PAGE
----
- Olivier Messiaen, Quartet for the End of Time
- Ludwig van Beethoven, Trio no. 4 with piano in B-flat major, op. 11 “Gassenhauer”
- With Agnès Pyka (violin)/Alain Geng (clarinet)/Armance Quero (cello)/Laurent Wagschal (piano)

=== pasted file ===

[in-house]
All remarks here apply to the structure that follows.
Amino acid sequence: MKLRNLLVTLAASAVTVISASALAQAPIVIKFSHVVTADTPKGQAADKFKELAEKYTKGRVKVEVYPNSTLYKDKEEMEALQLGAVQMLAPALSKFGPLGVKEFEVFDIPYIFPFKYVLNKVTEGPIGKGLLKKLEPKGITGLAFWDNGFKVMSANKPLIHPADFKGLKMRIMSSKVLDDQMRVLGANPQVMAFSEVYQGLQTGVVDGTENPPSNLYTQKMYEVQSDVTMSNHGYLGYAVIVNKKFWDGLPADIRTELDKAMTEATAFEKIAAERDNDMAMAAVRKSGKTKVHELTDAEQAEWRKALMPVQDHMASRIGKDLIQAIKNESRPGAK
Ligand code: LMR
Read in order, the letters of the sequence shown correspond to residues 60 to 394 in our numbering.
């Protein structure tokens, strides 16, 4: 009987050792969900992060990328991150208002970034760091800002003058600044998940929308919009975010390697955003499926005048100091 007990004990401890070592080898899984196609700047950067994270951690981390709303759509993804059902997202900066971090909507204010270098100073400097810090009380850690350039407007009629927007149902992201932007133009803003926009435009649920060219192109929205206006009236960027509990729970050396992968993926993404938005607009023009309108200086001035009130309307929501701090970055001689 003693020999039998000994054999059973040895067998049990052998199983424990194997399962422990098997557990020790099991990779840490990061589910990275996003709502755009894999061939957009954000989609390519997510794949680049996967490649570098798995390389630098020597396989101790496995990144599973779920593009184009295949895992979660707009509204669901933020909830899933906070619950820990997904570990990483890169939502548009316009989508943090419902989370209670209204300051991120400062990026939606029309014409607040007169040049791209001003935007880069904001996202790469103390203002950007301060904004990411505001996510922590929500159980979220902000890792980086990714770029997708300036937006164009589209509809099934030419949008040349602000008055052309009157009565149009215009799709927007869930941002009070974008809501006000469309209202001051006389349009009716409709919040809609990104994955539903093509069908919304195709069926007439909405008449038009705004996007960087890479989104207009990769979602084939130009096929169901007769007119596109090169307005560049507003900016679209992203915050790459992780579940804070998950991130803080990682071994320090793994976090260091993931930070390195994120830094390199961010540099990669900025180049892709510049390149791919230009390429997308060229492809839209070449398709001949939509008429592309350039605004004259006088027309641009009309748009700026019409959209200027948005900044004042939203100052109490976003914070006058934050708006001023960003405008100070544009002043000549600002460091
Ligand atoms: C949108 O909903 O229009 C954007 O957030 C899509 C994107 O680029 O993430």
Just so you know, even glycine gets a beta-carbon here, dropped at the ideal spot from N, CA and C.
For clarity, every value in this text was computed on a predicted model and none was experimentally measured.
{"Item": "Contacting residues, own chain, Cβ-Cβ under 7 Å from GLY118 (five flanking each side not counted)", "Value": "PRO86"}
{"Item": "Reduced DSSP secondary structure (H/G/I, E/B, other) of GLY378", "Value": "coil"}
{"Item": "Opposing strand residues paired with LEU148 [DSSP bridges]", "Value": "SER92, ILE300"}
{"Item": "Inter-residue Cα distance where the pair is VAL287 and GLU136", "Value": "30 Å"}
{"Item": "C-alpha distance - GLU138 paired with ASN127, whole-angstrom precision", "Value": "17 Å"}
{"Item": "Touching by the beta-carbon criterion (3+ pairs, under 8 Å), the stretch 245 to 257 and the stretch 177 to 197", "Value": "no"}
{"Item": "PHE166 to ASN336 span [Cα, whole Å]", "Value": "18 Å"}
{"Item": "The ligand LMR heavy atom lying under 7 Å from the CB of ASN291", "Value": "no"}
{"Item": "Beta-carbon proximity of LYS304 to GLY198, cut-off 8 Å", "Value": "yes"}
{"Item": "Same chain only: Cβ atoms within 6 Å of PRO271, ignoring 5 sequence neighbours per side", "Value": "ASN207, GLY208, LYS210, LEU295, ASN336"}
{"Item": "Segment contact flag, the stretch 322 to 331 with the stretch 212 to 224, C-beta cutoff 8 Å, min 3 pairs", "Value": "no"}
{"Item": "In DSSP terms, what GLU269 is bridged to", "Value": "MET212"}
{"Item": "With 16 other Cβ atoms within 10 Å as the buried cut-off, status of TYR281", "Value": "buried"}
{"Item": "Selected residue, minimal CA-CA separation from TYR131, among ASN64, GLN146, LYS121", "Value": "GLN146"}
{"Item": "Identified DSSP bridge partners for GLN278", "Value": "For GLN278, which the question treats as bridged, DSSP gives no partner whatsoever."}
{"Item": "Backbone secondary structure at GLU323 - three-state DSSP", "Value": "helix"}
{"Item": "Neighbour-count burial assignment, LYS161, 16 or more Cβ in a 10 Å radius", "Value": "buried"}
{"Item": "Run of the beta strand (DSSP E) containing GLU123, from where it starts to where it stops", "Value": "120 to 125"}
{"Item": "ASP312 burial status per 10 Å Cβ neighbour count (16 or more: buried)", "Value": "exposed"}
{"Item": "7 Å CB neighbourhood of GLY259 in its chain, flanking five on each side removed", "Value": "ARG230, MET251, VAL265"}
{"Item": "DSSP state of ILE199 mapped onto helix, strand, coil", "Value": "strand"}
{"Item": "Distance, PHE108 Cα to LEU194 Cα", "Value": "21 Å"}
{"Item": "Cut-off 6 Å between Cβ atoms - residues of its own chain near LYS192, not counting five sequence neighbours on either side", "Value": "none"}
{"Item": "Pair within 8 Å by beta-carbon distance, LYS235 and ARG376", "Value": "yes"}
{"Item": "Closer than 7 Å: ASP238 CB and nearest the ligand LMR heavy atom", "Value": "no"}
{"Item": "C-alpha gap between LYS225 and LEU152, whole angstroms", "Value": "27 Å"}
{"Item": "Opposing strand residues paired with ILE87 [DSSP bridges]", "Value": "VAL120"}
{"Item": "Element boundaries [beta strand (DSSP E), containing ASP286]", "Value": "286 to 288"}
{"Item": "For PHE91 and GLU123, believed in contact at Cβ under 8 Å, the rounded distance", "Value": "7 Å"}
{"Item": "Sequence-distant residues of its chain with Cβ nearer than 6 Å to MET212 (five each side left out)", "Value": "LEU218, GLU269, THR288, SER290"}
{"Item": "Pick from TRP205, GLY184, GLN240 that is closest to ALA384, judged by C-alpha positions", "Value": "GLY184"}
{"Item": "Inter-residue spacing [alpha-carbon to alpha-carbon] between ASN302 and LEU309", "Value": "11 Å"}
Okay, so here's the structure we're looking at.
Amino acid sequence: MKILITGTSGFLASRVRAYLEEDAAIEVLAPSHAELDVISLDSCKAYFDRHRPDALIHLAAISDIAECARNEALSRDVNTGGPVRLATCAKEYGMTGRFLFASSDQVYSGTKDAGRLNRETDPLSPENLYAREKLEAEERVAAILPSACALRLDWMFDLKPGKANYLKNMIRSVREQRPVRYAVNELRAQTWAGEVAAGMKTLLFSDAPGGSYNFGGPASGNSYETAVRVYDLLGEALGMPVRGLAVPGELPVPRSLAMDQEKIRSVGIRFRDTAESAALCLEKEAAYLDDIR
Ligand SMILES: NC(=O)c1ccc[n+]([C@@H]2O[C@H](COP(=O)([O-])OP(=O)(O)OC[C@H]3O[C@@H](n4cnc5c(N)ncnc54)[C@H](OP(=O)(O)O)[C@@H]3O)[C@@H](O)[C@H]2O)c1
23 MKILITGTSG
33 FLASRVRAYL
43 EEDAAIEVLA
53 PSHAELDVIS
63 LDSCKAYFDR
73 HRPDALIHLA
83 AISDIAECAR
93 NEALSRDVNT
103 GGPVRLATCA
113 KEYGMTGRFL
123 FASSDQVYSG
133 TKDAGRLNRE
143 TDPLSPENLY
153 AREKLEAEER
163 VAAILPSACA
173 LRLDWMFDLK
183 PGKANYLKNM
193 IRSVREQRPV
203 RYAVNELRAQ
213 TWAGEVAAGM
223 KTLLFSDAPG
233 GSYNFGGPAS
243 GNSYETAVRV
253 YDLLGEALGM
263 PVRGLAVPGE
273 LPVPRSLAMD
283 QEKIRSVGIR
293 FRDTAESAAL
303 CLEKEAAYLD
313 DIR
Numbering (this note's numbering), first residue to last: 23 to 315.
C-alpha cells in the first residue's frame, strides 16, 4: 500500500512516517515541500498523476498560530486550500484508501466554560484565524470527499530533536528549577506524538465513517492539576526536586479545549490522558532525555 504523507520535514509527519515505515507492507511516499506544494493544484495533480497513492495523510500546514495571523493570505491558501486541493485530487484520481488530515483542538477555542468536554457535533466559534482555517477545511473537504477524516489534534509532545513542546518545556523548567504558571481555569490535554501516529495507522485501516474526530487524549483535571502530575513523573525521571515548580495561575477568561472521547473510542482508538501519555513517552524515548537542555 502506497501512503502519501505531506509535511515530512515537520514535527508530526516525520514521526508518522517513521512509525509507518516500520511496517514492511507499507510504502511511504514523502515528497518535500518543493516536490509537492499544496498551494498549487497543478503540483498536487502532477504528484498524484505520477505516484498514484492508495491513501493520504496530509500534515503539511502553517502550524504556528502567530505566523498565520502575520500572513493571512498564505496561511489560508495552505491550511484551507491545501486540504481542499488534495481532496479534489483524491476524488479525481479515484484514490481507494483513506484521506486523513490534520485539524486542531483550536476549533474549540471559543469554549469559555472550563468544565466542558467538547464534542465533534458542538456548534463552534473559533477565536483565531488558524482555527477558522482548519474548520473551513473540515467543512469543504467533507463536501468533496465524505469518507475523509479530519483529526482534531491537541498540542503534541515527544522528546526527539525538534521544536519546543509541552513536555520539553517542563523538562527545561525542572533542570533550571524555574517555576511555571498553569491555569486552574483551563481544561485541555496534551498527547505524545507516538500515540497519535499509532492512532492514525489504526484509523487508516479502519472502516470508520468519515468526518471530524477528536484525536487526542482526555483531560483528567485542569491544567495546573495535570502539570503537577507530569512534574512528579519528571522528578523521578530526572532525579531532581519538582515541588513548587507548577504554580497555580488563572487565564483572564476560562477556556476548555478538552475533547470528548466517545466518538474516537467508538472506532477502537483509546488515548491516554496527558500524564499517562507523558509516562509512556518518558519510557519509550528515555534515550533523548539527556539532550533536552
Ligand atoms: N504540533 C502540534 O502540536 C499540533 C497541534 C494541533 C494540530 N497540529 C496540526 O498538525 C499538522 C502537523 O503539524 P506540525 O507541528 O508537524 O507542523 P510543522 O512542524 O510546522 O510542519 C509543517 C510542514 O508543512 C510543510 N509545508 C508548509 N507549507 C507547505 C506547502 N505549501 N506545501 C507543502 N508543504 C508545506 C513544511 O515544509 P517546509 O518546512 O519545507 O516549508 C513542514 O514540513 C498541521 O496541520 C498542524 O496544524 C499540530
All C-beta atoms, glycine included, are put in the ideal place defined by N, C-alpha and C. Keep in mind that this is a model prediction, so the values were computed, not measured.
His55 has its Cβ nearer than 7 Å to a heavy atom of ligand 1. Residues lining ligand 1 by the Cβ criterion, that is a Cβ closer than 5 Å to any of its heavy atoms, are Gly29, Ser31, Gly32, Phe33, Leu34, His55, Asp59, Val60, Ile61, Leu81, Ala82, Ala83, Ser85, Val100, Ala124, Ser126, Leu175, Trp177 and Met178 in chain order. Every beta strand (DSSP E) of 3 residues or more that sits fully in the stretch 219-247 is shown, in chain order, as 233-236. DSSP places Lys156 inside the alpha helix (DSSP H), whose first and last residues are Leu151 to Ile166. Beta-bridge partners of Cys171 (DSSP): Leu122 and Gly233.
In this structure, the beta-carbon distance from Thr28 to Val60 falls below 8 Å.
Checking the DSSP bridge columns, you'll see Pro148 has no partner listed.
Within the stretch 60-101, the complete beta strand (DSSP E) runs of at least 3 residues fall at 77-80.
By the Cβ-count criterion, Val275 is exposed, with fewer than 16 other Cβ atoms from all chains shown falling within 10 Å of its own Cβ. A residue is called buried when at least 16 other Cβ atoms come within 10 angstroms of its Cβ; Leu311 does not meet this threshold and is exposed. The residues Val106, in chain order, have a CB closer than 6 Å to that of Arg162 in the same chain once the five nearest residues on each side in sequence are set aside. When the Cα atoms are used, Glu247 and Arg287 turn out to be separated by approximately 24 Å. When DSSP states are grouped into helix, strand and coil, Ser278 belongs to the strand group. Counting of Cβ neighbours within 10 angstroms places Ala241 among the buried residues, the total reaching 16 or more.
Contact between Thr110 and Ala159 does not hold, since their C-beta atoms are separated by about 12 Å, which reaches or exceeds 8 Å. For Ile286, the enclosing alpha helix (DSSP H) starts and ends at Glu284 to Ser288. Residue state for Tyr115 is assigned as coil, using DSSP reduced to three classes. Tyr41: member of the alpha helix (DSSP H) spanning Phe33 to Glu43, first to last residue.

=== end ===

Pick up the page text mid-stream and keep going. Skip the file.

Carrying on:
Everything about the Quartet for the End of Time is intriguing. Firstly, the story of its creation. It was composed by Messiaen in 1940, during his detention in a German prisoner-of-war camp, and was first performed by his fellow captive musicians to an audience of some 5,000 prisoners. Messiaen formed an ensemble, featuring a piano, violin, cello and clarinet, but only two movements out of eight were to be played all together. Above all, it was the feeling of time extending that had immersed him in mystical contemplation and made the Quartet so unique: “There shall be time no longer”, said the Angel in the Book of Revelation, the source of inspiration for Messiaen, for whom the music “draws the listener towards eternity in space.” Thanks to its use of the clarinet, the third movement, “The Abyss of the Birds”, is a masterpiece in its own right. A century and a half earlier, the young Beethoven had already given this same instrument pride of place in his Trio no. 4 in B-flat major, op. 11 (1798), a piece that helped him to become the most prominent musician in Vienna, a city still dominated by the memory of Mozart and the presence of Haydn.